Acknowledging Your Children's Feelings

This is a topic I feel so so strongly about.


Last week we had a cake for Father's Day and Tim carried Jacob to blow out the candles. After they were blown out, Jacob (in fascination) reached out for the candles, realised how hot the wax was and of course, cried.


Few people in the room immediately went "aw it's ok, that doesn't hurt" and "you're a big boy, there's no need to cry". One of them even told me to ignore my 10-month-old because it would only make him cry harder - and that made me really upset. Why are we undermining his current emotions? Why are we making him deny his feelings?


Photo by Marcos Paulo Prado

If your baby comes home from school looking tired and sad, your first instinct may be to dismiss all the reasons he has to be sad. The first thing you'll do to cheer him up is probably to discount his emotions, tell him not to feel that way, and change the topic to distract him from the negative feeling. But the truth is, he will still feel that way and will move on only when he has fully expressed himself, when he feels that he is heard, and when his feelings are understood (the same is true for adults).


Just because children are small and tiny doesn't mean their feelings aren't real. If you keep denying what they are feeling, they will start to believe that their feelings are not as important as others. They will doubt their perceptions and become frustrated whenever they feel a negative feeling - because no one has tried to hear them out.


We need to start seeing the expression of negative feelings as being healthy, and even necessary for our children's emotional and spiritual health. By acknowledging their feelings, we are encouraging them to open up to us, we are giving them a chance to reflect, and essentially teaching them the language of emotions.


Babies will cry and older children will say things like "my tummy hurts" because they don't know how to express what they are feeling inside. You could help them by being there for them, and saying something like "I can see you are feeling disappointed that it is raining and we can't go out to play" they will immediately feel calmer. Because they are seen, and they are understood.


When my baby was crying because he touched the hot candle, instead of having people tell me that I'm coddling him as he overreacts for his mom's attention - I could give him the attention he seeks and acknowledges that he is in pain.


This is the only way for babies to express their feelings, by crying when they are in pain, and by wanting their mom for comfort. And when they are in pain, it's only natural that they will cry even harder for attention - it's really a cry for help because they are in shock and simply don't know what to do. Why should they be ignored? In fear of them being 'spoilt'?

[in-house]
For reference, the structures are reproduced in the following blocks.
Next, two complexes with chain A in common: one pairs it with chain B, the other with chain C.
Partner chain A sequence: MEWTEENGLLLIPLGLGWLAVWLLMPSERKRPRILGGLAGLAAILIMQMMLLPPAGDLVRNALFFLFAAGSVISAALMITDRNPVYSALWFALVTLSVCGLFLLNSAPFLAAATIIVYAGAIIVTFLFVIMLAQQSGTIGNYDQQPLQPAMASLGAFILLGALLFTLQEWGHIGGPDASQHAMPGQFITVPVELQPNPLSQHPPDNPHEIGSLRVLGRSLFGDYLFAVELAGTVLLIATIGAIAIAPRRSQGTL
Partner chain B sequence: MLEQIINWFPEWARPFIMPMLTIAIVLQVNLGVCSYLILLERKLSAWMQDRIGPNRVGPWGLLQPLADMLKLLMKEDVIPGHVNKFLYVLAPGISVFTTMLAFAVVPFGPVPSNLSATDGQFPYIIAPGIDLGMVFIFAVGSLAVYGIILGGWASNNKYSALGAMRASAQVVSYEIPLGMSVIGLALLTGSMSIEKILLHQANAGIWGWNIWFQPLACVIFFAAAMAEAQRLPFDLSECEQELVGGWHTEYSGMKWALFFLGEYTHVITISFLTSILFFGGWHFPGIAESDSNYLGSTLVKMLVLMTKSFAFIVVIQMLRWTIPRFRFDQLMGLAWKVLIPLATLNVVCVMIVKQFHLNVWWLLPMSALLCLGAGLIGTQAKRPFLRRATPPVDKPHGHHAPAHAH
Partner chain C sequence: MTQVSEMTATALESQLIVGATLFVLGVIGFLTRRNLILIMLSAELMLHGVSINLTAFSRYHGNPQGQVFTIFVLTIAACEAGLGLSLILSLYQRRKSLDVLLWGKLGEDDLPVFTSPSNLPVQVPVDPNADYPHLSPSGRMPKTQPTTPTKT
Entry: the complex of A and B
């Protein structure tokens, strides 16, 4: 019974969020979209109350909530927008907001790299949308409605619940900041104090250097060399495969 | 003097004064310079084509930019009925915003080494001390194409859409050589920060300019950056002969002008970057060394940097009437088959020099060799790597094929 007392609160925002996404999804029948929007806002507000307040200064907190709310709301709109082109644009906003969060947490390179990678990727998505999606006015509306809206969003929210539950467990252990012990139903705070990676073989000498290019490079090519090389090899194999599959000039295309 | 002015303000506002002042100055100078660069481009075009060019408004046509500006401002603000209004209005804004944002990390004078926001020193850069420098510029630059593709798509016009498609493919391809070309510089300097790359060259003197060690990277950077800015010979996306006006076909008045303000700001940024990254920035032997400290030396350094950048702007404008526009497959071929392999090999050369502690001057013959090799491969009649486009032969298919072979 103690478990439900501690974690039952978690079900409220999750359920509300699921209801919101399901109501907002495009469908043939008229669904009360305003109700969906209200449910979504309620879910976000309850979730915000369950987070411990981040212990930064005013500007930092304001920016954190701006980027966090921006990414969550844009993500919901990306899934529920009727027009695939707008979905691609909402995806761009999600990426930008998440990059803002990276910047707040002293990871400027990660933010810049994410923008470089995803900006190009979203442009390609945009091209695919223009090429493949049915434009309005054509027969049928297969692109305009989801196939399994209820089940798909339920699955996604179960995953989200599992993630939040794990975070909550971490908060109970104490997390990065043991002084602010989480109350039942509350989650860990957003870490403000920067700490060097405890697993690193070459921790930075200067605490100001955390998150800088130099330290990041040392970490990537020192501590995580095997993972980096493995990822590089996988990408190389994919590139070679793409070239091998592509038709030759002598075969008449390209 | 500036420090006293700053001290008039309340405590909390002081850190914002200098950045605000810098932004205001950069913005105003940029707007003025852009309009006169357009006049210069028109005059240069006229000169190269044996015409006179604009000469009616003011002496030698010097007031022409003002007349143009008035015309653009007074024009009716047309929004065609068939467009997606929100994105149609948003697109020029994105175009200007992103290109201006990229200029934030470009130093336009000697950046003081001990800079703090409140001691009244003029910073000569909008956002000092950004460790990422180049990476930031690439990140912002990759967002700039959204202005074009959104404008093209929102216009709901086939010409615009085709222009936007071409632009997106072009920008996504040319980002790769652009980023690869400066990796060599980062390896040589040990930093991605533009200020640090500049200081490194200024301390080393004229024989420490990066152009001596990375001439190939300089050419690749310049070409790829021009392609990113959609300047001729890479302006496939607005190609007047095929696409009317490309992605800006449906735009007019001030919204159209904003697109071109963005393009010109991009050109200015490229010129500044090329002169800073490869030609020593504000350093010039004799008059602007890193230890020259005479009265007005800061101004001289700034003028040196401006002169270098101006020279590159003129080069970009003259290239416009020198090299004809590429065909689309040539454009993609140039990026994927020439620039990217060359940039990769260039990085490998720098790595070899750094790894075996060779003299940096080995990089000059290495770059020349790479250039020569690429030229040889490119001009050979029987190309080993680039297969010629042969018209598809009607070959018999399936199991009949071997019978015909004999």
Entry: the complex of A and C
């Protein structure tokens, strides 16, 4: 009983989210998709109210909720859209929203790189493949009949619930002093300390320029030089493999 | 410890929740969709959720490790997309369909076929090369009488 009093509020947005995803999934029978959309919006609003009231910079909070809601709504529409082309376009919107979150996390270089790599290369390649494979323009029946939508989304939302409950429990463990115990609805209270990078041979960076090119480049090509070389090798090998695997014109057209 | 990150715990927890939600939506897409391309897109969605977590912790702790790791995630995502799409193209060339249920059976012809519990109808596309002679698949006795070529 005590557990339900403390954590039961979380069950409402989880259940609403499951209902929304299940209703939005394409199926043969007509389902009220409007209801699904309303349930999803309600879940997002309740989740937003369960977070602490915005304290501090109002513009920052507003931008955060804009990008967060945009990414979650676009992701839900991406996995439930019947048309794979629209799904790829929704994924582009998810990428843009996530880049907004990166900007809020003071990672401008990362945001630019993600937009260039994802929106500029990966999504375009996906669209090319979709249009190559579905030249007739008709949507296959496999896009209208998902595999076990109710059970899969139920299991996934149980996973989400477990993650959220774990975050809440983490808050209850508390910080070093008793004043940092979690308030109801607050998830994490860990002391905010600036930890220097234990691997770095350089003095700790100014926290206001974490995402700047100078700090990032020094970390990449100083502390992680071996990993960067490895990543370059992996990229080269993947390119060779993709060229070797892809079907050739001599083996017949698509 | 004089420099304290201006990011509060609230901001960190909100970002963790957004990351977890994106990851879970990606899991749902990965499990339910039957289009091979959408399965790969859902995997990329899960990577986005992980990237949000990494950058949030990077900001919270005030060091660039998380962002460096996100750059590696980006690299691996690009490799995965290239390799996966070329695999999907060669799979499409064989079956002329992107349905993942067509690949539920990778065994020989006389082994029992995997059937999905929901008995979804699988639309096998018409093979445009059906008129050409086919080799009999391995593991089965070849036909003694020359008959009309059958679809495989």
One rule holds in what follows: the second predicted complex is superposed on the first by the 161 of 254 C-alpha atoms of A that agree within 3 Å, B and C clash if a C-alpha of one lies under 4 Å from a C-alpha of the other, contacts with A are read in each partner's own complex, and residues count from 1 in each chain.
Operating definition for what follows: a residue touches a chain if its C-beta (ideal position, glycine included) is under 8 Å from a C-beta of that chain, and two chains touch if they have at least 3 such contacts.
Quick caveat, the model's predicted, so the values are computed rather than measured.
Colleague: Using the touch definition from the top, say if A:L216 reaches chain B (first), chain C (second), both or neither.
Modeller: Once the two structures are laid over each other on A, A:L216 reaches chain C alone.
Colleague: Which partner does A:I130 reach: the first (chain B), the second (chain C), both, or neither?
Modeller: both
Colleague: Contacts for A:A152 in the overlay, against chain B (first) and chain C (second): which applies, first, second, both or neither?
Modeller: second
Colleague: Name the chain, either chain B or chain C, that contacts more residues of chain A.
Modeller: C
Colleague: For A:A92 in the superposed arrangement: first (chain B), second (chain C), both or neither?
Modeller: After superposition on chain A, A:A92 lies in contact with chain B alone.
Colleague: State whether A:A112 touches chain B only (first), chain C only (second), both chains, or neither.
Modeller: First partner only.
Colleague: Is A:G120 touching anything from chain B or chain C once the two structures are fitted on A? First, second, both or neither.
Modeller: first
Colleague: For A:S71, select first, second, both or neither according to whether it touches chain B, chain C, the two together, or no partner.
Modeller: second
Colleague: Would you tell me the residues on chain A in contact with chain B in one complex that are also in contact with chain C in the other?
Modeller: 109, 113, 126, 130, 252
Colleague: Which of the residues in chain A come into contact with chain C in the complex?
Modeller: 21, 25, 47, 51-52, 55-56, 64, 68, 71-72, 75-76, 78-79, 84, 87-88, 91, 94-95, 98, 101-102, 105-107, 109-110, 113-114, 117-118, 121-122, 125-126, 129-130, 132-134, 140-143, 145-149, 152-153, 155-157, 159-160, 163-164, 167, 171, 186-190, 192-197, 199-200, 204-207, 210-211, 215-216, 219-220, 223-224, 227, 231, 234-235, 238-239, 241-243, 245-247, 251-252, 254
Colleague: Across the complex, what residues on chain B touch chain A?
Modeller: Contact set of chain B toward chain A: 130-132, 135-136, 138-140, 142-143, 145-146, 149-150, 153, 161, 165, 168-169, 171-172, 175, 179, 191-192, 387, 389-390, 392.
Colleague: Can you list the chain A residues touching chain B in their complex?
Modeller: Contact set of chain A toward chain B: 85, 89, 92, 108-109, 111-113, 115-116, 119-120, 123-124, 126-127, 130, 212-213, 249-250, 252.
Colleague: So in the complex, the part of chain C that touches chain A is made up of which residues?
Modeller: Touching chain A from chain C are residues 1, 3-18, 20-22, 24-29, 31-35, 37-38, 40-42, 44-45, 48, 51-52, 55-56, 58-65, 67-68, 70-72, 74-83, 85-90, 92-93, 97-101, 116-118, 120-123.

"Being heard is so close to being loved that for the average person, they are almost indistinguishable." - David Augsburger

Acknowledging your children's feelings can be very transformative. It builds love and trust, and letting your kids know that they can rely on you, that you have their backs no matter what.


No, this is not spoiling them. Of course, you can set some boundaries when they throw tantrums, but at the same time, we must empathise fully with their sadness, frustration or anger. Approaching your baby in this way will assist them toward a better self-understanding.


Never shoot them down when they are trying to express themselves. Allow them to go through their negative feelings and let them know that you're on their side. Let them know that it is acceptable to experience a negative feeling, that they are just as normal as the positive feelings and it is a natural part of life. The best way to deal with the negative feelings is the same way you would with the positive ones, and that is to express them. This fosters emotional intelligence and self-acceptance and helps set them up for what's to come later in life.


Try and see things from your baby's perspective and you'll start to learn more about him, you'll start to understand him better, and in return, build a stronger bond with him.




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